May we never be afraid to engage in sincere dialogue with those who differ with us.
May we recognize the walls of the cloisters in which life places us, often against our will, as enclosing the very heart of peace, found only in surrender.
Santa Chiara, prega per noi!
But they won't wear habits.
Ladies, as a fraternity alum, I can tell you there’s a limit to how long you can tell Nationals to go fly a kite before they start orbiting the thing around your position and dropping bombs.
Stylized rainbow on their logo?
I'm guessing she doesn't know or accept what the real gospel is and that her I deal of 'radical response' is something well outside of normal Christian life.
Unfortunately the rack, public drawing and quartering and burning heretics at the stake have gone out of fashion. Oh well, given the near total lack of recruiting postulants into these old Stalinized orders and the very advanced age of the old blue hairs, this bunch will be dead in twenty years and the Church can decide whether it is worth the effort to revive these orders by recruiting young and actually Catholic. Personally, I think they will not be missed.
Apparently their prayers have not been answered.
They revel in self, ego and winning.
What’s the big deal? Another group of Catholics that don’t like the fact that Catholicism is established on what bishops, cardinals and Popes of the past see as Absolute Truth. So instead of just leaving the church and finding a community of faith to flourish in, these fine sisters have decided to stay and make everyone else in the Catholic church bend to their whining and complaining that they don’t like Absolute Truth. Kinda like Progressives, Socialists, Marxists and every other registered Democrat in this country when you get right down to it. They hate the Constitution, they hate the rule of law, they hate free speech when it contradicts their politically correct world view, and they absolutely hate anything remotely connected to Christianity and it’s Christ. But instead of just dividing the country and making their own states with all the laws and regulations that would make their heart content, they have decided in their unimaginative brains to make all the rest of us suffer interminably by having to live with their self induced insanity right with beside them every long, insufferable day in and day out.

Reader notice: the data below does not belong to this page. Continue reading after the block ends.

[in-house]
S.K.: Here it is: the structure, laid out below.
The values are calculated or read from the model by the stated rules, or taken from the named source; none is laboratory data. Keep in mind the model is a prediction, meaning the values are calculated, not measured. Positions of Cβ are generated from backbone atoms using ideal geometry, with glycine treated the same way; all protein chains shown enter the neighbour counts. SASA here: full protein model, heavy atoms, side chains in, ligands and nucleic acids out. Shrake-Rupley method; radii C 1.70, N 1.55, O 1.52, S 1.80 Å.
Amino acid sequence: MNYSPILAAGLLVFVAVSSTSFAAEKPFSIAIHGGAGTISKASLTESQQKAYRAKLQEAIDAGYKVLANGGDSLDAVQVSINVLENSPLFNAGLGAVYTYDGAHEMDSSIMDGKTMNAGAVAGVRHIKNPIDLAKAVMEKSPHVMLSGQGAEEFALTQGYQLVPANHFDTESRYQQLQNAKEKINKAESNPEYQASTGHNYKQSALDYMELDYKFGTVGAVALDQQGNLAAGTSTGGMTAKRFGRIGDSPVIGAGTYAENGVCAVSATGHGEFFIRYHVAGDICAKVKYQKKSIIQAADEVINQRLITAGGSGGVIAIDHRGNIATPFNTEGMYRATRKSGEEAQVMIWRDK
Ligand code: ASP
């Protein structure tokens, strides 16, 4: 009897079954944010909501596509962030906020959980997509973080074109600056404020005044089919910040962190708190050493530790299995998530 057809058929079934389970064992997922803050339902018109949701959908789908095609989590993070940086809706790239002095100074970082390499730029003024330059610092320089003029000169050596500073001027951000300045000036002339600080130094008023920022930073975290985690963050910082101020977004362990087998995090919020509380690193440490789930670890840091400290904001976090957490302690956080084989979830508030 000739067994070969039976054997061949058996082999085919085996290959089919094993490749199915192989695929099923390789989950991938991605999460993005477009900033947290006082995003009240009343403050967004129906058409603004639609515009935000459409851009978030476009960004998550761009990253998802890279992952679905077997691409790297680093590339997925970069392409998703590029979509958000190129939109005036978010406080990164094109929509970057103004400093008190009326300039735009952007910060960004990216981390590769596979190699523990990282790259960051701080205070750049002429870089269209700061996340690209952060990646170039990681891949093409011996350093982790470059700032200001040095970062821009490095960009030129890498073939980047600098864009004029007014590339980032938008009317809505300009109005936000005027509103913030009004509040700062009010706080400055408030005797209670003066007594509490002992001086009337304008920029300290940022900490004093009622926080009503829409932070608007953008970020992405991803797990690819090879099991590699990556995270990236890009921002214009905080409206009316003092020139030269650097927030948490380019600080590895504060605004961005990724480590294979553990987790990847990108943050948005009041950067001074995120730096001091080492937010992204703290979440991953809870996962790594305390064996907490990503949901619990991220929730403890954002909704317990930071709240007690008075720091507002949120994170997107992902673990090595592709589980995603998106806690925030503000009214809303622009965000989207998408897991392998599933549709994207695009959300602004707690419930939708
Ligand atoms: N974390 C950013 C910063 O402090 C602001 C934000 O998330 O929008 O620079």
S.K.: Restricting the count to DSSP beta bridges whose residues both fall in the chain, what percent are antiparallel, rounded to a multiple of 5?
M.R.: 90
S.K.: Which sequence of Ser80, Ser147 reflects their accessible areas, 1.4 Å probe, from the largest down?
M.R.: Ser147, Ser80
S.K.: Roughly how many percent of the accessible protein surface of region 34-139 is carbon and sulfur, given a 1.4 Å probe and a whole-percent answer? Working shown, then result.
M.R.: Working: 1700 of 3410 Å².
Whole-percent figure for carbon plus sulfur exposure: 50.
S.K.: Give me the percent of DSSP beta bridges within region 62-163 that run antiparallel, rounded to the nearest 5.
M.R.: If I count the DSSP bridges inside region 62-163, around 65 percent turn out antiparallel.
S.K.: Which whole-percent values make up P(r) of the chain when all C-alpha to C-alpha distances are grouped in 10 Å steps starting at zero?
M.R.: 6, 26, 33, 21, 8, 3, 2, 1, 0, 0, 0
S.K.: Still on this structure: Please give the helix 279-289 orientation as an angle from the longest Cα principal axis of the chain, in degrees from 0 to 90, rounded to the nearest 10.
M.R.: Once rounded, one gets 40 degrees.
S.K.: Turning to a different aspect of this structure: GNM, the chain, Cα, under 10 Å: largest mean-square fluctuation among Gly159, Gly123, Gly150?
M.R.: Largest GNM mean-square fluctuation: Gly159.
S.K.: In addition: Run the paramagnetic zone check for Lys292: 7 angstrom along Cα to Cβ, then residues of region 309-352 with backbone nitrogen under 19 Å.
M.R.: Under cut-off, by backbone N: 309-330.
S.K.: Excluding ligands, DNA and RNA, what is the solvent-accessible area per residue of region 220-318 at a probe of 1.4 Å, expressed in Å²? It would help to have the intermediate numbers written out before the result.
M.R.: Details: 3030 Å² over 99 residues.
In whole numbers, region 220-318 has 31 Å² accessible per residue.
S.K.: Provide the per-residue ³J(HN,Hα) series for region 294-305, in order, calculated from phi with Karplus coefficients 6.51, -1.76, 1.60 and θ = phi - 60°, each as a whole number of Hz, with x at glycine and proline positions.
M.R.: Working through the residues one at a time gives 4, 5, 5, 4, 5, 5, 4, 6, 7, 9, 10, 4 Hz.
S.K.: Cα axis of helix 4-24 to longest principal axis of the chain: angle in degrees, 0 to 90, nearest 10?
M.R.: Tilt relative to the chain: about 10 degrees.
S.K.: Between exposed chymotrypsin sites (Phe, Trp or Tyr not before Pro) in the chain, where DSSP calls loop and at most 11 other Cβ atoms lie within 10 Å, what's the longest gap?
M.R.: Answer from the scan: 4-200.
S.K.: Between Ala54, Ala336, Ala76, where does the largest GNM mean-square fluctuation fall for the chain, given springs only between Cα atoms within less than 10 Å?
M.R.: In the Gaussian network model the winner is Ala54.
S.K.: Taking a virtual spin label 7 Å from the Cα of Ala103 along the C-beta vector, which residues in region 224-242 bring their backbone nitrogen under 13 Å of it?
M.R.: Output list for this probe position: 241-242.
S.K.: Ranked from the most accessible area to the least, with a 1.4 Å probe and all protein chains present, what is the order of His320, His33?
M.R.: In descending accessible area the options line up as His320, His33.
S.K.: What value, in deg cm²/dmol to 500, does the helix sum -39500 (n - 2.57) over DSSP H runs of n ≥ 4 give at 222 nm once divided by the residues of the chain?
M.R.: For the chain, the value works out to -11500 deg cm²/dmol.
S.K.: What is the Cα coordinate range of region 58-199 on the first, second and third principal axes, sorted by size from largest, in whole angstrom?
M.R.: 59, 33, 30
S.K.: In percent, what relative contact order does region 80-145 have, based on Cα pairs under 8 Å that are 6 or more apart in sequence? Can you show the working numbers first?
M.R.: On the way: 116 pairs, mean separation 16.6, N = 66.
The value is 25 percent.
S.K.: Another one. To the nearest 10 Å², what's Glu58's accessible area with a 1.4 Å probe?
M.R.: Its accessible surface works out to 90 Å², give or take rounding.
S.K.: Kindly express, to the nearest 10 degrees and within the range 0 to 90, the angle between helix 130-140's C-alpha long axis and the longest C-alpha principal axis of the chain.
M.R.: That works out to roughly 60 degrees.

In other words, those of us who quietly serve the Lord in the duties of our state in life aren't really following Jesus. Being radical and going to meetings with other radicals who want to do community organizing is a lot more fun than changing diapers or teaching first graders.
and a hell of a lot safer than volunteering to nurse ebola patients in Liberia.
I have a friend who's quite liberal. An avid Obama supporter and Jim Wallis fan. His theology is stuck in the 7o's 'Jesus people' mode. Thinks Jesus would be crossing the border with the illegals and such. I believe he would celebrate the LCWR efforts. Sad reallly.
These wymyn are an embarrassment to the Church (and to any thinking person, really). Their nonsense has been allowed to go on for far too long, for a number of reasons which, as socialist political agitators, they do not understand.
These wymyn think of everything in terms of Power and Dialectic. They do not understand how the Church functions. It is not a corporation, the Pope is not a CEO and the College of Cardinals is not a Board of Directors. Church discipline is not frank punishment but repeated calls to repentance. The Church is not interested in punishment but in trying to save these poor people's souls - every lost sheep by any possible means.
But the wymyn think that their evasions and disobedience have been effective, and they happily believe that they have gotten away with it. Wrong.
The wheels of justice grind slow, but they grind exceeding fine. The assignment of a commission and putting Abp. Sartain (who is an iron fist in a velvet glove) in charge is the beginning of the end.
I am not a bishop and not in the CDF, and that's a good thing because I would have called in air strikes by now.